As mentioned, every single indication we have regarding the reports we’ve seen are simply Windows 7 reporting the state of the battery using this new feature and we’re simply seeing batteries that are not performing above the designated threshold. Below we’ll talk about the data we have to support this point of view. It should stand to reason that some customers would be surprised to see this warning after upgrading a PC that was previously operating fine. Essentially the battery was degrading but it was not evident to the customer until Windows 7 made this information available. We recognize that this has the appearance of Windows 7 “causing” the change in performance, but in reality all Windows 7 did was report what was already the case.
- We have seen no reproducible reports of this notification on new hardware or newly purchased PCs. While we’ve seen the reports of new PCs receiving this notification, in all cases we have established that the battery was in a degraded state.
- Our OEM partners have utilized their telemetry (call center, support forums, etc.) and have let us know that they are seeing no activity beyond what they expect. It is worth noting that PC manufacturers work through battery issues with customers and have a clear view of what is to be expected both in general and with respect to specific models, timelines, and batteries.
- We’ve gone through all the major online support and self-help forums and when appropriate have worked to follow up with any reports of this notification being presented in error. Through this we have identified no reproducible cases where the battery or PC was new and have only learned of batteries that were degraded in capacity.
- In our telemetry from RTM code customers, only a very small percentage of users are receiving the “Consider replacing your battery” notification, and as expected, we are seeing systems older than ~1.5 years. We’re seeing relatively fewer notifications compared to pre-release software as the average age of the system decreases.
- Microsoft has received 12 customer service incidents in addition to pulling 8 additional incidents from various forums. To date (for a total of 20 incidents), none of these have shown anything other than degraded batteries.
- Microsoft has been using the technet community moderators to assist in further contacting customers reporting on this notification and we’ve assigned additional customer service personnel to be ready. However, of the 30 or so contacts we have received we have not learned of any new facts or conditions with respect to this notice.
- During pre-release testing of Windows 7 we saw almost precisely this same experience with customers in terms of the display of the notification. In fact, in looking at the hardware distribution of pre-release testing we saw an ever so slightly higher number of systems receiving this notice. This follows from the fact that a large set of customers are buying Windows 7 with new PCs or using the upgrade provided with a recent Windows Vista PC.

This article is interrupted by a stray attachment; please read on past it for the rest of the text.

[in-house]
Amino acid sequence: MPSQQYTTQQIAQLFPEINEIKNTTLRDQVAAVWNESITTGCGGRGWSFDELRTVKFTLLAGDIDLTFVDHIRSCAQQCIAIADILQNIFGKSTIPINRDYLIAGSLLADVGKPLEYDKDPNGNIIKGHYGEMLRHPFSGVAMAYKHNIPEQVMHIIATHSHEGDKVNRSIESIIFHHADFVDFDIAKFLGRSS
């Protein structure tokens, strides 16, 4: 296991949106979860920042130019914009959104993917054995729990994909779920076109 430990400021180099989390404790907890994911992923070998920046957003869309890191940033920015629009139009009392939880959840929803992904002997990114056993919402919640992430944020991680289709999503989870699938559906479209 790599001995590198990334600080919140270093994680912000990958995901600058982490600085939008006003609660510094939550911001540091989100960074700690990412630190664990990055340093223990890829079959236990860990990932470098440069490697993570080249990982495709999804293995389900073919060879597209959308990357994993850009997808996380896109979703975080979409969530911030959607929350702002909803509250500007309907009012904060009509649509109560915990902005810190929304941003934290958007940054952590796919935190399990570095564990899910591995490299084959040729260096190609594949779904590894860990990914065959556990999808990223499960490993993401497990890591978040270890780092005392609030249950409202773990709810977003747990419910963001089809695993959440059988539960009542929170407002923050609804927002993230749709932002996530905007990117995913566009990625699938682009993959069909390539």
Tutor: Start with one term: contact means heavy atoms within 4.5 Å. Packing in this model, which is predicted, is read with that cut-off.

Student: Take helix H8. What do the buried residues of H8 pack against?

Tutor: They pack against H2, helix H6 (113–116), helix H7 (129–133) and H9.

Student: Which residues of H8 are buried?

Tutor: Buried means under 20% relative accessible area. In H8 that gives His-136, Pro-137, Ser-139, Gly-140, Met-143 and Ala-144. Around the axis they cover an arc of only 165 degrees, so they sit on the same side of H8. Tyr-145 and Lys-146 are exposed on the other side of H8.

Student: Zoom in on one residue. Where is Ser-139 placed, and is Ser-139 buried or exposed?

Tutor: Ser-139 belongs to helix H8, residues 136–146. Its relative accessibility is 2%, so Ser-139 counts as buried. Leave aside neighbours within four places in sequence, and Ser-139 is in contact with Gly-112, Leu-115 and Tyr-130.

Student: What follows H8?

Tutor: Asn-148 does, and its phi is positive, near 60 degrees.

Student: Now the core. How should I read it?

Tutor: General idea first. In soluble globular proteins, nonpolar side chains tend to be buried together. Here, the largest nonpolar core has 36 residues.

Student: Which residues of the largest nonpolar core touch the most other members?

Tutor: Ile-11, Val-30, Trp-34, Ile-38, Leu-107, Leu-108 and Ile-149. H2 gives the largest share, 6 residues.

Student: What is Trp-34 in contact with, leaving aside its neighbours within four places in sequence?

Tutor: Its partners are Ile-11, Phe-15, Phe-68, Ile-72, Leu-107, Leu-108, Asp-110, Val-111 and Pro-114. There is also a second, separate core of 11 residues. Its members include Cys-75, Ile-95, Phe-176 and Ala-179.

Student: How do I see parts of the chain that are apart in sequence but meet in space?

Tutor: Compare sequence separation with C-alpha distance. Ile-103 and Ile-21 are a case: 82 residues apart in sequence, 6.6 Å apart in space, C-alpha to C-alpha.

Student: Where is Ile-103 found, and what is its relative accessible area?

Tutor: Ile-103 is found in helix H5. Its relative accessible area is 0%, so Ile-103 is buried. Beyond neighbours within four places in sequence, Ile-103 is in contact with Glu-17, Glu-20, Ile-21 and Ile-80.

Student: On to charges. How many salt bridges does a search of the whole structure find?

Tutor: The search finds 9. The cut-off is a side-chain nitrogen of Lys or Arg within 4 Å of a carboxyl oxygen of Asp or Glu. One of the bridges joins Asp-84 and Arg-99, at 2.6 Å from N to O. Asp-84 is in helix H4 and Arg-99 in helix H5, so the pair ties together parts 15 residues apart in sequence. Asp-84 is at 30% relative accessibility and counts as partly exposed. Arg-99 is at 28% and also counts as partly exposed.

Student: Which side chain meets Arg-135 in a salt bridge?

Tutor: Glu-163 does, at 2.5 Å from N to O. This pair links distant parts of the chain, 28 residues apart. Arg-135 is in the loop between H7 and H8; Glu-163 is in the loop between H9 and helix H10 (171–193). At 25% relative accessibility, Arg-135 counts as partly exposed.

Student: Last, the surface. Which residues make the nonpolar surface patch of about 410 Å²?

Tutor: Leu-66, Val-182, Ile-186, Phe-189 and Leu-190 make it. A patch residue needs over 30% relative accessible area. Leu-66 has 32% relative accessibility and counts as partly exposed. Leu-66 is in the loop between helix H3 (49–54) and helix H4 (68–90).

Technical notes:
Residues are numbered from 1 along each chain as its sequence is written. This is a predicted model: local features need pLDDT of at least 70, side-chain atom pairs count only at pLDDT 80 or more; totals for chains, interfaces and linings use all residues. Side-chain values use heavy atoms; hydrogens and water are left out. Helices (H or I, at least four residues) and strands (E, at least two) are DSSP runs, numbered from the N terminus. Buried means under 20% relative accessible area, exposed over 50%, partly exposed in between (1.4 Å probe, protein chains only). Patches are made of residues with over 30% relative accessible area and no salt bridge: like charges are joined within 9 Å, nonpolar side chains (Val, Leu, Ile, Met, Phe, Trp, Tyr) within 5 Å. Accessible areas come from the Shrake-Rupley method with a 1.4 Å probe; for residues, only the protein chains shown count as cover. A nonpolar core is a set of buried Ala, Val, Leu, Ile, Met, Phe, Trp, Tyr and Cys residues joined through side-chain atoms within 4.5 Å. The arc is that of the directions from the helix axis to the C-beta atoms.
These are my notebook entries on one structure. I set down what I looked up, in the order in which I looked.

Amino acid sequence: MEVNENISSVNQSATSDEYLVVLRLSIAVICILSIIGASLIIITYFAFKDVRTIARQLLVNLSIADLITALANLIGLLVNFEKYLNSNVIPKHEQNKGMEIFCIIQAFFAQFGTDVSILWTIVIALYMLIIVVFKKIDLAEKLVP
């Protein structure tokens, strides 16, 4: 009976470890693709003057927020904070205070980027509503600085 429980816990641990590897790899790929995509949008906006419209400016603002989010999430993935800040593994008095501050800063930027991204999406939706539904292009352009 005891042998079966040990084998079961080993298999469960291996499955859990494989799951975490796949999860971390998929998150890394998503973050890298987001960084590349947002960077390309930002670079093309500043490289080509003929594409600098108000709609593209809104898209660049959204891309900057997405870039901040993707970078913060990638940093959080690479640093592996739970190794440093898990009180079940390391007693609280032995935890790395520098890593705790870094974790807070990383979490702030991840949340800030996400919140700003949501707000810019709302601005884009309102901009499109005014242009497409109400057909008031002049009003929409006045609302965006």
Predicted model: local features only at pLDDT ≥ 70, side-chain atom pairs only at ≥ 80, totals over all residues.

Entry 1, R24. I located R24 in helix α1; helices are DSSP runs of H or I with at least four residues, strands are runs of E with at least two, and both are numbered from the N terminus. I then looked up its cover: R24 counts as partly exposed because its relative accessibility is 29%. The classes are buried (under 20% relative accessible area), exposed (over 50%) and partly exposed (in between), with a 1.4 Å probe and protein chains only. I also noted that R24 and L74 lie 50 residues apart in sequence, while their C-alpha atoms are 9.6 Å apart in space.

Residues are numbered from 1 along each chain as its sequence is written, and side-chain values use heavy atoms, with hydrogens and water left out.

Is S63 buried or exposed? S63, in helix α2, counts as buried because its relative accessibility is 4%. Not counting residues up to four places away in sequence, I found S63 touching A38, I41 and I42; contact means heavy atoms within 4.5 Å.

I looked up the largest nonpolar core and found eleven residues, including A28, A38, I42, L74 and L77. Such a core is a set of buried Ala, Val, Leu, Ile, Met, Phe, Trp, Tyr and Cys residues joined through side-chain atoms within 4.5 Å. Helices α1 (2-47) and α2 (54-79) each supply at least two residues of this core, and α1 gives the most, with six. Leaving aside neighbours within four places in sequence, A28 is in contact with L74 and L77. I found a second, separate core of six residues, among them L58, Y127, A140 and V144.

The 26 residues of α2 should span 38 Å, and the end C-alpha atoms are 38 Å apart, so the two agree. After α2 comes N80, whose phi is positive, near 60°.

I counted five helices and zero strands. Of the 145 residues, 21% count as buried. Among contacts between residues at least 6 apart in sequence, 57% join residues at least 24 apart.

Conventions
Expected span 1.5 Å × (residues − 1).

- When looking at the telemetry reports for the machines that have reported displaying this notification we have seen nothing in additional reliability data that indicates any other system anomalies.
- While the information regarding battery status is provided read-only to the operating system through ACPI, we performed a thorough code-review and verified that there exists no code that is capable of modifying battery status information.
This data would confirm our point of view that we are seeing nothing more than the normal course of battery degradation over time. The transparency provided in this new Windows 7 feature produced a notice that previously was not available to customers and did so shortly after upgrade. This is the root cause of the urgency with which we’ve seen postings, but does not change the reality of the condition of the battery. We have no confirmed cases of new machines with the as-purchased batteries.
As we always say with regards to any reports on the quality of Windows 7, we are going to continue to be diligent and use all the tools at our disposal to get to the bottom of a report that has the potential to require a code change we would distribute to customers. We are as certain as we can be that we have addressed the root cause and concerns of this report, but we will continue to monitor the situation. In particular, we will continue to have focused communication with our OEM partners as they monitor their customers and PCs over time.
Finally, if you believe you are receiving this error and your battery is new or believed to be in great shape we would encourage you to report this to us or your original PC maker. You are welcome to send me mail through the contact form on this page, use the TechNet forum, the Microsoft Answers forum, or visit support.microsoft.com where you can get additional information about how to contact Microsoft assisted support in your region.